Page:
I hate to say this because I love Benedict Cumberbatch's speaking voice, but the narration on this audiobook is really bad - the pacing is too quick and, espcially with the fast pacing, it's difficult to tell one speaker from another. There are parts where the narration is much better and there is tone and emotion in the various character's voices, and other times when it sounds like the book is being read quickly with little inflection, as if under time constraints. I don't know if that's a post-production issue or if Cumberbatch read it that way.
I haven't decided if I'm going to continue or return it. I might choose an unabridged Ngaio Marsh title with a different narrator, as I can see some good mystery underneath it all.
This is a fun, lightweight mystery set in a small seaside town.....The narrator is a summer cop, a part time employee to help with the extra summer season crowds. He is partnered with a full-time cop of the Joe Friday mold - "just the facts, ma'am" - and the contrasting styles of the buddy-cop theme works well. Even though I kind of saw the end coming, it didn't take away from the fun of the characters, and I look forward to trying the next in the series.
Apparently JL Burke never met a simile he could refuse - I've never seen such an overuse of similes, and to me it's a sign of lazy and heavy-handed writing.; It's a lot more difficult to write a description without a simile than with it, and it's more didactic and heavy handed to write a simile that leaves nothing for the imagination to create or enjoy. While some might say that it results in wonderful description, I say it results in a paint-by-numbers picture rather than a work of art.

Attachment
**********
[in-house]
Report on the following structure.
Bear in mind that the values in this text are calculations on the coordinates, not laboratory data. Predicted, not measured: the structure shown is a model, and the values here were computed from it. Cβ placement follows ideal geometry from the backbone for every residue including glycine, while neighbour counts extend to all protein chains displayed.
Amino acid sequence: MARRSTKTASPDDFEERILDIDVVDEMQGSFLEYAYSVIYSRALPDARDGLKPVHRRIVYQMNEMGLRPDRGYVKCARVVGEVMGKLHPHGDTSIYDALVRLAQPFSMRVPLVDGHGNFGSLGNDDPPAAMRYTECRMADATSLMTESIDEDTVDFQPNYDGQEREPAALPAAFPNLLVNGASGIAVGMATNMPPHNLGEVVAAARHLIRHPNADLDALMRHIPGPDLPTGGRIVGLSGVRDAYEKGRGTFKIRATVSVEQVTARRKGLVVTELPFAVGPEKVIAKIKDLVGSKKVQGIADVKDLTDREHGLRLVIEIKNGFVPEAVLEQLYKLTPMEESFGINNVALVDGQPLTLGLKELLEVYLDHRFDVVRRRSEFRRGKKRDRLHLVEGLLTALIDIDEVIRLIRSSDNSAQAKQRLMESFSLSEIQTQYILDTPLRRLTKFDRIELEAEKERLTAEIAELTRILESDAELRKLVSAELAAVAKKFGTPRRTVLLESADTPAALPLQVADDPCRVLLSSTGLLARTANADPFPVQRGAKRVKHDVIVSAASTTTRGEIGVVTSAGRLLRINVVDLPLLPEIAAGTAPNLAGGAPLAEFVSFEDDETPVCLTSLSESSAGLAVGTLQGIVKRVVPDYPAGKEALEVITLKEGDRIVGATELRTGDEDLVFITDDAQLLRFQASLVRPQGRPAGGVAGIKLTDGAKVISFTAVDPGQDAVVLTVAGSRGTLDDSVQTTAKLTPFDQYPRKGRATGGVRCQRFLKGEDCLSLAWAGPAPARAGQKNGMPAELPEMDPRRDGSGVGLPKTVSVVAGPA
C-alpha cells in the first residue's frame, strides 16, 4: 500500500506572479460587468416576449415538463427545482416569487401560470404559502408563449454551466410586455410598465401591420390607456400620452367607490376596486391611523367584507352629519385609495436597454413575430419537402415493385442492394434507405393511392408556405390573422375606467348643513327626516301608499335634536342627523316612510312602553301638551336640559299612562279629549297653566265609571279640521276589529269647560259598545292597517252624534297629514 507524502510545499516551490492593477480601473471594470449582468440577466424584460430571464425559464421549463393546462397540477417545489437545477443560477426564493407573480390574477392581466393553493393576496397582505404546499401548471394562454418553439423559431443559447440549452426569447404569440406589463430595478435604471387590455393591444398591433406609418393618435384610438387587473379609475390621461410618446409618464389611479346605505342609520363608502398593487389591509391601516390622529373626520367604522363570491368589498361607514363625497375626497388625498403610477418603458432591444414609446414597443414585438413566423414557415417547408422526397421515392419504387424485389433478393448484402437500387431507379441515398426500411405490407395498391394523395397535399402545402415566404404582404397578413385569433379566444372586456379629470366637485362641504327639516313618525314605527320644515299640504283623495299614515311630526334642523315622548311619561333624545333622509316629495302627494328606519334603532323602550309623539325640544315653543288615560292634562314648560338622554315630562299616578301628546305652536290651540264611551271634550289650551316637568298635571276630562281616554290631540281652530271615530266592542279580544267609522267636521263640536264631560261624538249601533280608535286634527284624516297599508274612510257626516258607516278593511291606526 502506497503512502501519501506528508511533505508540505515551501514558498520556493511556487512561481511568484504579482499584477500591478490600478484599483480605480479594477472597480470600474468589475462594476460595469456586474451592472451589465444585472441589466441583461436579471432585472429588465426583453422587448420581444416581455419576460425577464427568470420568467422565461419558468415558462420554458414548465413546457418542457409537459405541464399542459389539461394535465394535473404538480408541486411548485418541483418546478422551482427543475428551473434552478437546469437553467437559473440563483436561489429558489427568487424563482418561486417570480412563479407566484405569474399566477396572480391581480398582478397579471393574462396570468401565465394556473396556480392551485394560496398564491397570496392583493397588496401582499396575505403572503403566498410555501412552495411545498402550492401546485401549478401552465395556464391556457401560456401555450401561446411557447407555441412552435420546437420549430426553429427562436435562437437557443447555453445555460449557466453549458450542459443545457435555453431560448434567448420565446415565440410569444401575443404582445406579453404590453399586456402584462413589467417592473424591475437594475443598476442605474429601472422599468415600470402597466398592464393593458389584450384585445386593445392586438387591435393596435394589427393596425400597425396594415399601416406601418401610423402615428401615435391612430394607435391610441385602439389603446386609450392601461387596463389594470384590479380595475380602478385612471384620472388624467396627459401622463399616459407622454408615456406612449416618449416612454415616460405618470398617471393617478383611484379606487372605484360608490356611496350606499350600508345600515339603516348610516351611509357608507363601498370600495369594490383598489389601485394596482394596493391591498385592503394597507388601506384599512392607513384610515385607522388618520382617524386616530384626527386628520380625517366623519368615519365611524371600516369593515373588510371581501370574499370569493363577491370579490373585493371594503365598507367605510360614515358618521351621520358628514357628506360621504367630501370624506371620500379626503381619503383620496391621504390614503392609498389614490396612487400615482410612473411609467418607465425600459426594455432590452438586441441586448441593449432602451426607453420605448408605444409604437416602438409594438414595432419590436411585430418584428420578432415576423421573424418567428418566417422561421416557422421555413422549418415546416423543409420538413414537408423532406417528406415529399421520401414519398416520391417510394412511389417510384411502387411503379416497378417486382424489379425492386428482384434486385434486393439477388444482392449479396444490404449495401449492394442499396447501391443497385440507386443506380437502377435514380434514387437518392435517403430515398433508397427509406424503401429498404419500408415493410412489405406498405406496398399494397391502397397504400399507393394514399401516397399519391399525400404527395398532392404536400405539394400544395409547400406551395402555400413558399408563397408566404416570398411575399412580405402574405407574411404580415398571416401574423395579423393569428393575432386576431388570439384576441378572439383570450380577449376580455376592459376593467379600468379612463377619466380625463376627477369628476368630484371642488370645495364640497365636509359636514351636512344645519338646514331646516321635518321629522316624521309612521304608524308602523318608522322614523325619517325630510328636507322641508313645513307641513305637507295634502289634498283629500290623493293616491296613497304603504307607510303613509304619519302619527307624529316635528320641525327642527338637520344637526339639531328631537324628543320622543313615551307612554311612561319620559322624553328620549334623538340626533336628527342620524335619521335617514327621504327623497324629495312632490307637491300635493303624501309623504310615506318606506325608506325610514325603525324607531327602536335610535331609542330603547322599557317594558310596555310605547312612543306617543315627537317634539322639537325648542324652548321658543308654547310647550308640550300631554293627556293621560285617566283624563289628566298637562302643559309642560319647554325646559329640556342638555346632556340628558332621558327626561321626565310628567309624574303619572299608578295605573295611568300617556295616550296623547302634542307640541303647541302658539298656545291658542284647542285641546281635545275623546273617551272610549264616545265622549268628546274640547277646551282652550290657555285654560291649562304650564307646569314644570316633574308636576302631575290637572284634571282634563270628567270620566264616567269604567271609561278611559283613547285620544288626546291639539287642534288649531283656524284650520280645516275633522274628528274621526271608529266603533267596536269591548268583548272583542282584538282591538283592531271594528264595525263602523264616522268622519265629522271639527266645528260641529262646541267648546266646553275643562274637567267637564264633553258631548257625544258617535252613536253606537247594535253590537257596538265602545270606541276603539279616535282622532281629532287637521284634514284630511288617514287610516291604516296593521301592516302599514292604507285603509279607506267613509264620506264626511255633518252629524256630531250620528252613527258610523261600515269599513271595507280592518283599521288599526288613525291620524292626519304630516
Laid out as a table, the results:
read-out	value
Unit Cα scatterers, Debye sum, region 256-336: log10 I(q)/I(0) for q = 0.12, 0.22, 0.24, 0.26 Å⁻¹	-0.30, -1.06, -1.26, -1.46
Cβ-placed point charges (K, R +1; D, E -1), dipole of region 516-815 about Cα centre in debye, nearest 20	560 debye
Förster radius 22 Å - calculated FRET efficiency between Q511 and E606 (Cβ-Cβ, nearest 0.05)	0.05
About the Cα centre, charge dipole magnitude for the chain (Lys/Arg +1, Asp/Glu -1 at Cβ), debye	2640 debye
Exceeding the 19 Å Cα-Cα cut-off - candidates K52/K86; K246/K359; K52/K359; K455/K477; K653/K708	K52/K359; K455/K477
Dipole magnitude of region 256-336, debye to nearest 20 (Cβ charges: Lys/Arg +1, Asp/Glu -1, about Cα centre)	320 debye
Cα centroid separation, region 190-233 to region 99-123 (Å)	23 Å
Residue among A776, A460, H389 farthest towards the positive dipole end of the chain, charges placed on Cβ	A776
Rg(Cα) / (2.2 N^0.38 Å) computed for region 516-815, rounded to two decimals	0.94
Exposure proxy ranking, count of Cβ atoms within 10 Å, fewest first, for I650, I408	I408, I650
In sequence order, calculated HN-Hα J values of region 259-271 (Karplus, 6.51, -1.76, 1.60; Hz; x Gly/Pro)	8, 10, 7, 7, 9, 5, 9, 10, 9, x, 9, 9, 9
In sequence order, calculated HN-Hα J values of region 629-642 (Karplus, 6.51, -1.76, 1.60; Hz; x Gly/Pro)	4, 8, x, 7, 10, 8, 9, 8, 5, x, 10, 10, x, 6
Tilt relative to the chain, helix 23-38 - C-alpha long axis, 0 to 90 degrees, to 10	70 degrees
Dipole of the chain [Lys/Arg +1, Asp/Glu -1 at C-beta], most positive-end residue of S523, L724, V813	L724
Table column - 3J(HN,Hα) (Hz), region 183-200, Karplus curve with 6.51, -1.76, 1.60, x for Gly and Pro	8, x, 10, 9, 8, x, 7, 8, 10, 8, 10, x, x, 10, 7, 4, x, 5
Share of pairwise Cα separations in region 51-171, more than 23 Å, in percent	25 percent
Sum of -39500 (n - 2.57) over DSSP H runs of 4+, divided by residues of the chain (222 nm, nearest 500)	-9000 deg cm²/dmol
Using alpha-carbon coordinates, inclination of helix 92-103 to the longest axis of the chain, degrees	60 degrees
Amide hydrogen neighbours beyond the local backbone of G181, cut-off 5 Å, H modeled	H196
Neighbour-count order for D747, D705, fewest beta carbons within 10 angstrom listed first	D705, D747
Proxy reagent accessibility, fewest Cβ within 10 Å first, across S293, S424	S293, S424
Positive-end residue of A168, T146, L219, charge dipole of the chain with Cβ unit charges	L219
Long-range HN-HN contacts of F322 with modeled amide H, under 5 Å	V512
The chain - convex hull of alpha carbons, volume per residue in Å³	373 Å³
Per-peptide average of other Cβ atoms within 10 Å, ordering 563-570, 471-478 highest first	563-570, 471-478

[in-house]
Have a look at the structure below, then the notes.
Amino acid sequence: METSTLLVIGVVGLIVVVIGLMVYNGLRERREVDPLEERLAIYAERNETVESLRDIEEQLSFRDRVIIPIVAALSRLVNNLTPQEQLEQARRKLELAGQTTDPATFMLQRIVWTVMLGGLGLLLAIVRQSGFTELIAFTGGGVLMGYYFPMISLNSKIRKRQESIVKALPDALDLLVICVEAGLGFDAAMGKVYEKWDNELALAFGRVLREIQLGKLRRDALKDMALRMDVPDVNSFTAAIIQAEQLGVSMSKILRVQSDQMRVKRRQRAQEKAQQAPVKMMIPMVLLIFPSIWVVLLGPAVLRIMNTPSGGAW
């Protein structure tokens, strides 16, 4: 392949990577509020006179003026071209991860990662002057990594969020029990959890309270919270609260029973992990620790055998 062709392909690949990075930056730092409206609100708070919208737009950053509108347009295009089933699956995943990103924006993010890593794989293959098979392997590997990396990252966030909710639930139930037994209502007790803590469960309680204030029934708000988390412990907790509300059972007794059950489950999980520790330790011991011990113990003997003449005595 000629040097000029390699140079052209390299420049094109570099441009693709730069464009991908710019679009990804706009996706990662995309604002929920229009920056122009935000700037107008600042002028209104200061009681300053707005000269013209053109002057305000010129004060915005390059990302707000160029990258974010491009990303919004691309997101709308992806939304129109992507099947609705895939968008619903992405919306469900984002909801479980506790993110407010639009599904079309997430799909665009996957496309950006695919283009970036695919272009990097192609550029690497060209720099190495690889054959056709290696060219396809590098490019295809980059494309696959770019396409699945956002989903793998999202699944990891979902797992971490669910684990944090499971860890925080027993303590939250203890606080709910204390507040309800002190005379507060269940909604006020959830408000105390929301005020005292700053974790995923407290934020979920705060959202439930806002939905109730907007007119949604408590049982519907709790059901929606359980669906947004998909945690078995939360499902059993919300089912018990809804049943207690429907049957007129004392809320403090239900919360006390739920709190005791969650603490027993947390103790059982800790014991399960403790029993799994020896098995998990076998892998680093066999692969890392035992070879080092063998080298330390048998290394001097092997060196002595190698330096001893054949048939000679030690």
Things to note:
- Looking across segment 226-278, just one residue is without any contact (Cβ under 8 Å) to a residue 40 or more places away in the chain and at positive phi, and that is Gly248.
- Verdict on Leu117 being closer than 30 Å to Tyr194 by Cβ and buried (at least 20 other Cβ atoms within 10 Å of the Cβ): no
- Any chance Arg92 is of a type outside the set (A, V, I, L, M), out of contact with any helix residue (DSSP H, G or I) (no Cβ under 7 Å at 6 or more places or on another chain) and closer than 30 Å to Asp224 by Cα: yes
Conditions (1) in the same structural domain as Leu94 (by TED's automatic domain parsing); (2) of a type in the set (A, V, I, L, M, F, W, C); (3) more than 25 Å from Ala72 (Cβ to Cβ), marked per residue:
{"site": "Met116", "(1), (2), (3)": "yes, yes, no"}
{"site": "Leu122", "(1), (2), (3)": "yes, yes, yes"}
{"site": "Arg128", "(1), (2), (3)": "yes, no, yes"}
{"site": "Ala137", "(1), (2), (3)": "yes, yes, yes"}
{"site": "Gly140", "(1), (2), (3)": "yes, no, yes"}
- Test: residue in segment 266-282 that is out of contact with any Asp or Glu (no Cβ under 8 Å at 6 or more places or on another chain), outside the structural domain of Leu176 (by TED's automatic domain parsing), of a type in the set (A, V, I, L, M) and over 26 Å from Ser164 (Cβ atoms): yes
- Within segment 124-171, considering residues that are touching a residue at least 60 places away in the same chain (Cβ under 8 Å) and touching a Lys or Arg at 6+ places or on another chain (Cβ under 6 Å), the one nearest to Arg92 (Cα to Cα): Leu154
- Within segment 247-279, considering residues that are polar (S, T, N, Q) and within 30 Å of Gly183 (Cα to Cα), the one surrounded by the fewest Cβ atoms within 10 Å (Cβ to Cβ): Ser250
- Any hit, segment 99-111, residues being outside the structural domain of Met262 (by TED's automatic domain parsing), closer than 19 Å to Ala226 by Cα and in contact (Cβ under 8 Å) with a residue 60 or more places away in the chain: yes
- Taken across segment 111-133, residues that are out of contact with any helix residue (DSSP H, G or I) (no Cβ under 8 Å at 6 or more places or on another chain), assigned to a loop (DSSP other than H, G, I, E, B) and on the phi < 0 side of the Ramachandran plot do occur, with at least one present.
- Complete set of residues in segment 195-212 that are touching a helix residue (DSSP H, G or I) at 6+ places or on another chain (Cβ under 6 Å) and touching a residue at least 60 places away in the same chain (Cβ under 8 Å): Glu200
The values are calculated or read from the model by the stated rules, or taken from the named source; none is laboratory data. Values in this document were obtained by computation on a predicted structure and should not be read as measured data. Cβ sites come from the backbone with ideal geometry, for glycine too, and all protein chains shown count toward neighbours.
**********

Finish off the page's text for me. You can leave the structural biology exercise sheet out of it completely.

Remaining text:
And the sloppy plotting......oh, where to begin? Did everyone forget that Sonny has a look alike cousin? Why did the professional assassin make such an amateurish job of trying to kill Dave? What did anyone's recollections of their military past add to the various story lines? And why were there so many subplots?
As for the editing of the audiobook, there were extremely extended pauses - some of 6-7 seconds that made me wonder if the app had stopped working. And at one point, I heard a muted "what's wrong" at the end of the chapter, as if either the mike was still active or the editor had not trimmed out that piece of audio.
I like Mark Hammer's lazy and slow reading pace - it seems very appropriate for a deep south storyline. But he still has problems differentiating voices, and it got confusing sometimes - a really good narrator should allow you to recognize the character without hearing the name spoken.
I can't decide if the author has written a stupid detective or if she simply thought no one would notice that a major element of the crime identified by him early in the story would simply be forgotten by the police or the reader for the rest of the (too long, too melodramatic) book. This was simply shoddy work from a crime mystery point of view, and the writing style and narration did nothing to improve it or make me suspend my disbelief over the important missed element.
It's quite clear that Anne Perry wants to focus on the social status of the classes in Victorian London.....I would have been great if the reader could have discovered those things from the characters words and actions, but rather than illustrating them with conversations, actions, or deftly placed descriptions, she repeatedly drives them home with long passages of the characters thoughts that sound more didactic than enlightening. It's as if she wants to teach rather than share or let the reader discover it. Sadly, she's using mysteries as a tool to teach that focus, but her creation of a mystery and her writing of the process of investigation and deduction leave much to be desired - for instance totally ignoring a major determinant of the crime, making her protagonist look stupid or ill-prepared for his job.
As for the narrator, I found she enhanced the melodrama with a slow reading and long pauses between sentances - this is the first audiobook in almost 100 of them where I chose to run it at 1.25x speed, because the ponderous reading and multiple pauses made it very heavy and slow.